Recently, as I walk in the city and observe the people shopping, meeting for dinner and drinks at outside venues, and even traipse through museums (while masked), I've also started to feel the overwhelming desire to make art that I can share via big prints. I'm asking people if they would feel comfortable coming into the studio again once I get the second dose of vaccine and wait the requisite number of days to manifest practical immunity. The responses are overwhelming. People want, badly, to reconnect, as long as it's face to face and not over a Zoom call.
My thoughts these days go back to various gallery print shows I've had at different times in my career and how much more poignant and impactful the work was for the audiences. How much the event of an opening solidified my exposure and connection with potential clients and also, on the other side, with potential subjects.
I know that I'm not alone in my thoughts about this. I hear it from many people with cameras and a passion for the art of photography all the time.
I'm now sourcing printers who can print very large. I'm preparing to shoot more and more with my highest resolution cameras to take advantage their efficacy for larger print sizes, and I'm working diligently on the more exacting post production of the small amount of work I can do right now. It all feels like momentum in a certain direction.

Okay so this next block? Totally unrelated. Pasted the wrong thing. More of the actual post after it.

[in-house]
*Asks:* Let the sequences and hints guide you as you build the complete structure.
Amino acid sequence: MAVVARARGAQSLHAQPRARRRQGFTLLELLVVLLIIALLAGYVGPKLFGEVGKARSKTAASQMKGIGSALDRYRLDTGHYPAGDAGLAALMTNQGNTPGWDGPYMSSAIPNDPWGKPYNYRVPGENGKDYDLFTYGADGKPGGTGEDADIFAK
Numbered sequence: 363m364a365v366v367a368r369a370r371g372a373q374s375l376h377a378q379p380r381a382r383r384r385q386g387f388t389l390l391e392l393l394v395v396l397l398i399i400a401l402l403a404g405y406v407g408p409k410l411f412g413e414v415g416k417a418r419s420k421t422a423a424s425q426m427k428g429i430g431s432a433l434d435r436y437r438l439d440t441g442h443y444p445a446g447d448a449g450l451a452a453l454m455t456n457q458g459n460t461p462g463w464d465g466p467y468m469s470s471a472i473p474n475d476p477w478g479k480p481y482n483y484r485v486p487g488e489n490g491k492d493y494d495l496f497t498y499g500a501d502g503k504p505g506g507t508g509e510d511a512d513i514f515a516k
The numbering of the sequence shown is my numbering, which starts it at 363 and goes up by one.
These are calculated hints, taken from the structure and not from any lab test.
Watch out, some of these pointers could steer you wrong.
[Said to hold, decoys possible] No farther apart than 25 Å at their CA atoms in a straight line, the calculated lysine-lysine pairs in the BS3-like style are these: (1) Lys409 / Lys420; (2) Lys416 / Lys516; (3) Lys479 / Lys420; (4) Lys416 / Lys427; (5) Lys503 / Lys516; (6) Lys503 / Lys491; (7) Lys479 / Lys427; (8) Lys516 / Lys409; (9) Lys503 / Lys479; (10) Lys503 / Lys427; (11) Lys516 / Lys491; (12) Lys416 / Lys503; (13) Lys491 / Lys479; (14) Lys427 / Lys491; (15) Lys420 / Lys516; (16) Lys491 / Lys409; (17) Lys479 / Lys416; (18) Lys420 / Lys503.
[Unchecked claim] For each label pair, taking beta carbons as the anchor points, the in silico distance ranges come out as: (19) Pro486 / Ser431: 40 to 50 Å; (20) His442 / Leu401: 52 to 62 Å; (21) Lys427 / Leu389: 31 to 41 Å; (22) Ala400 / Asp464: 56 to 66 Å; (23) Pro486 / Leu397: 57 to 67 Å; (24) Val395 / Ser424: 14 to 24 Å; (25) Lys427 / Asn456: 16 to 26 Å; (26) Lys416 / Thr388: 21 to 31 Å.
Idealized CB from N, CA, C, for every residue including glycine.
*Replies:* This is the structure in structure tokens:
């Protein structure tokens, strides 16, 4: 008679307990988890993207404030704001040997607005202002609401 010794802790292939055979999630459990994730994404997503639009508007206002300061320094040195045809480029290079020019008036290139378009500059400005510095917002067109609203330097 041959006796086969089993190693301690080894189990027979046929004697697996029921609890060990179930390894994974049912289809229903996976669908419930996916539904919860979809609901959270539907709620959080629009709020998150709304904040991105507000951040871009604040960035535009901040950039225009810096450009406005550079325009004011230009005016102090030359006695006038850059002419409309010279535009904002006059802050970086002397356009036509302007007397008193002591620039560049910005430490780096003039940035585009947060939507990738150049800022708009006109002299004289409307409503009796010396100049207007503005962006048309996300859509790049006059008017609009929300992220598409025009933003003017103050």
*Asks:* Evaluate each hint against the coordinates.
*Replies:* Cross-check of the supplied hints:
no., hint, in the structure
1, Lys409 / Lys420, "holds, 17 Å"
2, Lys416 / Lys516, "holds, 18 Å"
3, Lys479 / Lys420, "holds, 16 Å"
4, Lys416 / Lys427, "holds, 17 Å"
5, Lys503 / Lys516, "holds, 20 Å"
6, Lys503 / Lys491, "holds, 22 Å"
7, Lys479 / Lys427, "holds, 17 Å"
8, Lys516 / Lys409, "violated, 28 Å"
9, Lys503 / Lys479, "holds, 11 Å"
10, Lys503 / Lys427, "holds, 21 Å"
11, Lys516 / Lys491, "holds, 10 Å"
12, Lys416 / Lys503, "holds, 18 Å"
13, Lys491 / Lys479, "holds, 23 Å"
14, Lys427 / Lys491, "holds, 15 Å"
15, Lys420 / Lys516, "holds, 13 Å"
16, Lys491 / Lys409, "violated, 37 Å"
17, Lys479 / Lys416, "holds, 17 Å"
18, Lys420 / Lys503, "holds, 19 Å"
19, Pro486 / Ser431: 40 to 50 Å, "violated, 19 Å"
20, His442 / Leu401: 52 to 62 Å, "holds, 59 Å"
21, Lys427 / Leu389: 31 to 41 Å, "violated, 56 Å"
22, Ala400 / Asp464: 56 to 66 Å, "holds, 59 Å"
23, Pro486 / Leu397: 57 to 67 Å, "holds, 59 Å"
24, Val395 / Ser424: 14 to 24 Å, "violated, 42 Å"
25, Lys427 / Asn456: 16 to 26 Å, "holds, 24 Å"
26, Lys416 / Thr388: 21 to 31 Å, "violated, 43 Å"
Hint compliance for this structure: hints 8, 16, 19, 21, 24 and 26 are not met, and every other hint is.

For every action (the lockdowns, the restrictions, the isolation) there is an equal and opposite reaction. Yes, we are patient enough to wait till things are safe(r) but at some point the reaction will be concentrated and powerful and we'll once again revert back to our basic need to be out in society, to be seen, to see people and to truly experience their work. Human nature rarely changes for long.
Work notes. It was a prodigious task but I cleaned the studio this weekend and sorted all the mess that had been piling up. I can once again set up a background and walk far enough back from it to make portraits in my style. I've been practicing with my long suffering family so that I feel comfortable working with the Leica SL2 and the Lumix S1R in a square format, in black and white, and with a selection of longer than average lenses. It was an exercise in overcoming entropy. Mostly emotional entropy connected with the restrictions of the moment.
We've cleaned up everything from the winter storm that marched through Texas. I've stopped tracking sand indoors from the sidewalks and walkways around the house. For those who were worried, our electric bill for the month was about $65. Groceries are back in stock everywhere around our neighborhood. We've got ready access to everything from fresh salmon to fresh blueberries.
As things return to normal there's a tendency to want everything to return to normal. Counting the days till I once again meet with the Moderna vaccine. Probably the middle of next week. It's progress and we are finally starting to feel the progress more viscerally. And that can only help our practice of making portraits.
No longer driven by the $$$, now driven by the desire to create.
Currently reading two books: How to Train a Wild Elephant and The Intelligent Investor.
Both, in their own way, are very beneficial.